Eye-Opening Dispatch from “Kingdom of the Sick”

Laurie Edwards is all too familiar with life in the “kingdom of the sick,” which is how cultural critic Susan Sontag famously described the hidden world of chronic illness. From an early age, the 32-year old writer, blogger and mother of a young daughter has spent weeks of her life in the hospital and endured dozens of surgeries. Every day, because of her rare respiratory disease, she struggles to breathe.

Now, in her groundbreaking book being released today, In the Kingdom of the Sick: A Social History of Chronic Illness in America, Edwards gives a needed big-picture analysis of the biological realities—and cultural influences—of the experience of chronic illness, a reality for an estimated 133 million Americans. This is a bitter irony of our modern times. More people than ever are left to live and struggle for decades with chronic illness—an umbrella term that encompasses everything from heart disease, respiratory disease and gastrointestinal disease to many pain conditions.

I talked with Edwards about her research, and the activism needed for better treatment.

Ms. Blog: Why is chronic illness “a women’s issue”?  How does that relate to the “gender gap” in chronic pain, which you wrote about in a recent New York Times op-ed?

Laurie Edwards: Women are disproportionately affected by many chronic illnesses, particularly chronic pain conditions, which affect 25 percent of Americans. A brief look at the numbers is revealing: Women are three times more likely than men to develop autoimmune diseases, two-and-a-half times more likely to develop rheumatoid arthritis and nine times more likely to be diagnosed with fibromyalgia.

There is much work to be done in understanding the underlying mechanisms of pain and sex-based difference when it comes to pain and illness, but research suggests a combination of physiological and hormonal influences at play. Women are not only more likely to develop certain pain conditions, but they are also more sensitive to pain. Unfortunately, research shows that women are also more likely to have their symptoms dismissed as emotional (a throwback to “hysterical illness”), and receive less aggressive treatment for physical symptoms when they are treated.

In your book, you address some of the most misunderstood women with chronic illness: those with rare diseases. Why is that so?

Rare or orphan diseases are those that affect fewer than 200,000 patients. Some 30 million Americans live with 7,000 classified rare diseases. Nearly 80 percent of rare diseases are genetic, and because physicians don’t see them often and don’t always know to look for them, the diagnostic process is often long and complicated. I wasn’t correctly diagnosed [with my disease] until I was 23.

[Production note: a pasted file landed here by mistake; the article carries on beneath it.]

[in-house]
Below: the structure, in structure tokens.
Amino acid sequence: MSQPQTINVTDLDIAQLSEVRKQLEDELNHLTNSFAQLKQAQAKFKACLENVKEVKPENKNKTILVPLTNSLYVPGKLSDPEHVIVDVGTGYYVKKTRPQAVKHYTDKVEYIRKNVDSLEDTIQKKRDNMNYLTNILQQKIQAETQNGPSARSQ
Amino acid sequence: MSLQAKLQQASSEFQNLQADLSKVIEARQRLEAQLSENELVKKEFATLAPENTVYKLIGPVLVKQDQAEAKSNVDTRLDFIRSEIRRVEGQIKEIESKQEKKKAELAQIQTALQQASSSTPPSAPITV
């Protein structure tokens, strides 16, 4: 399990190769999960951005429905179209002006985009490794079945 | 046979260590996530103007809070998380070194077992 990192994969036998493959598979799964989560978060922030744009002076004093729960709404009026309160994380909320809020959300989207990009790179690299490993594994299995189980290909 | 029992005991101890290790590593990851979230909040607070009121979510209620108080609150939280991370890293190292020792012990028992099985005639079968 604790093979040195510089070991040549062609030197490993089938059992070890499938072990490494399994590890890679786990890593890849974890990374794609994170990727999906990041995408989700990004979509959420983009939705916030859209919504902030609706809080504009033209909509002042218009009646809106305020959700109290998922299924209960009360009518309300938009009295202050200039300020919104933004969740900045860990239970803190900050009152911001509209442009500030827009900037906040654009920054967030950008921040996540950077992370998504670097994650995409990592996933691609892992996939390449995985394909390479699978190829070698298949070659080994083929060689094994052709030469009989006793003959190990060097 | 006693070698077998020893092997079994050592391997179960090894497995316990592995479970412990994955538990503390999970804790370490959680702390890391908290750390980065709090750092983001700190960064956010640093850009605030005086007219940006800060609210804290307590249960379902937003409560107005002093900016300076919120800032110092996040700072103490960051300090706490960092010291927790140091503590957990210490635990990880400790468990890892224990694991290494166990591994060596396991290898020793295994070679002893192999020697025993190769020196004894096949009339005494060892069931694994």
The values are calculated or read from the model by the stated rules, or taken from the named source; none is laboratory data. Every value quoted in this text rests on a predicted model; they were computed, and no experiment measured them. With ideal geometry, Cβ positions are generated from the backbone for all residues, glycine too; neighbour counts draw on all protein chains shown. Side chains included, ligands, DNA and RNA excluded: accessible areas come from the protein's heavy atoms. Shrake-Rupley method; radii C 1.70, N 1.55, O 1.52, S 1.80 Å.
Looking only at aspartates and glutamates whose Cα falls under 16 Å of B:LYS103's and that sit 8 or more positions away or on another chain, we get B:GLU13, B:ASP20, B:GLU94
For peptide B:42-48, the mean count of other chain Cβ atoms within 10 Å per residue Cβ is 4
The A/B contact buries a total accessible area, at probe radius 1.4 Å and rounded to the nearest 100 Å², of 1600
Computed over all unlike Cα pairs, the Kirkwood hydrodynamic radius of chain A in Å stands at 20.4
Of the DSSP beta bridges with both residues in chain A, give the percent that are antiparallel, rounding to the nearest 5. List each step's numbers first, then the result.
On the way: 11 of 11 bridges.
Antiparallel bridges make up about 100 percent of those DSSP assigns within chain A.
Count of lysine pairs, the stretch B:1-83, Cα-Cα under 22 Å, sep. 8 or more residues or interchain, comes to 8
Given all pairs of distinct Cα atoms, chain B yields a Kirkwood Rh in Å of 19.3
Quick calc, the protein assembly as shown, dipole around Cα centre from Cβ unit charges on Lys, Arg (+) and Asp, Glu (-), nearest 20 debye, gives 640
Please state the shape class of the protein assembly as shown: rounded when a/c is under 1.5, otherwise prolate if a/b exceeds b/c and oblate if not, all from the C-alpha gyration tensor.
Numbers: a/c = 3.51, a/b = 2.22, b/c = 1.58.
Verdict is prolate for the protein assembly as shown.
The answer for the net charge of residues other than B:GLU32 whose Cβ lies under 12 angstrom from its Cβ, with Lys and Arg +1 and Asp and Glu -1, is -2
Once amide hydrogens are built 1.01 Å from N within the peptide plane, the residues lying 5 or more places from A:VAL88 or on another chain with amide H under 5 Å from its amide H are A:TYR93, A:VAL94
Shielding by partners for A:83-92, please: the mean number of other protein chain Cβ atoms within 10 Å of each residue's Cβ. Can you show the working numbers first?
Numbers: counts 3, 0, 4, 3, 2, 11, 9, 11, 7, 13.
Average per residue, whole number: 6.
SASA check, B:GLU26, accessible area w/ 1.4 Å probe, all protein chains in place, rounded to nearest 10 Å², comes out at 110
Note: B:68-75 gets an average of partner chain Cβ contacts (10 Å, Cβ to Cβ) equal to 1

Though the climate is definitely beginning to change on this, historically drug companies have been hesitant to invest in drug development for such small patient populations. More broadly speaking, rare diseases are overshadowed by the cause-related marketing and fundraising for more familiar and recognized diseases—and their attendant awareness months and charity events.

You talk about the great influence of the women’s health movement of the 1970s, an offshoot of the greater women’s movement. How has that affected women’s experiences today with chronic illness?

The women’s health movement promoted the notion that women should have access to appropriate health information about their own bodies, and should have a say in their medical decisions and what happened to their bodies. In what was an extremely patriarchal establishment, this was indeed radical.

What started as a shift in the balance of power in obstetric and gynecological care ultimately changed the nature of the doctor-patient relationship across specialties and diagnoses. And we see so many facets of this legacy, from improved understanding of women’s health issues to more collaborative care to more female physicians.

One aspect of women’s health that was conspicuously absent from the women’s health movement was pain. As you know from your own research for All in My Head, calling attention to any perceived hormonal or physiological difference between the sexes that might account for the manifestation and severity of pain in women could potentially dilute the message that men and women were inherently equal.

Why are those with chronic illness still stigmatized, despite all the developments in spreading information online?  And how does Benjamin Franklin relate to this?

A pernicious assumption about patients with chronic illness is that their maladies are somehow their own fault—if only they had more willpower, or more physical and mental fortitude, they could prevent or improve their conditions. We see this in the criticism of patients with Type-2 diabetes or heart disease who should just go on a diet, just as we see it in the treatment of patients with more “nebulous” conditions such as chronic fatigue syndrome or fibromyalgia who should be able to “push through” the fatigue.

Culturally, we tend to value and prioritize self-reliance, physical fitness, and independence—and chronic illness defies these things. Benjamin Franklin was known for his fervent self-help talks, and since then self-improvement has been an ingrained feature of American life. Between their debilitating physical symptoms and the fact that many patients with chronic illness also need help managing the heavy financial burden of medical expenses, these notions of self-reliance and self-improvement set up expectations that impossible to meet.




Paula Kamen is the author of four books and the play Jane: Abortion and the Underground, which has been performed at many college campuses. Her first book, Feminist Fatale, was about the importance of consciousness raising for the post boomer generation. Her work has appeared in the New York Times, Women’s Review of Books and McSweeney’s, among others. She tweets @paulakamen.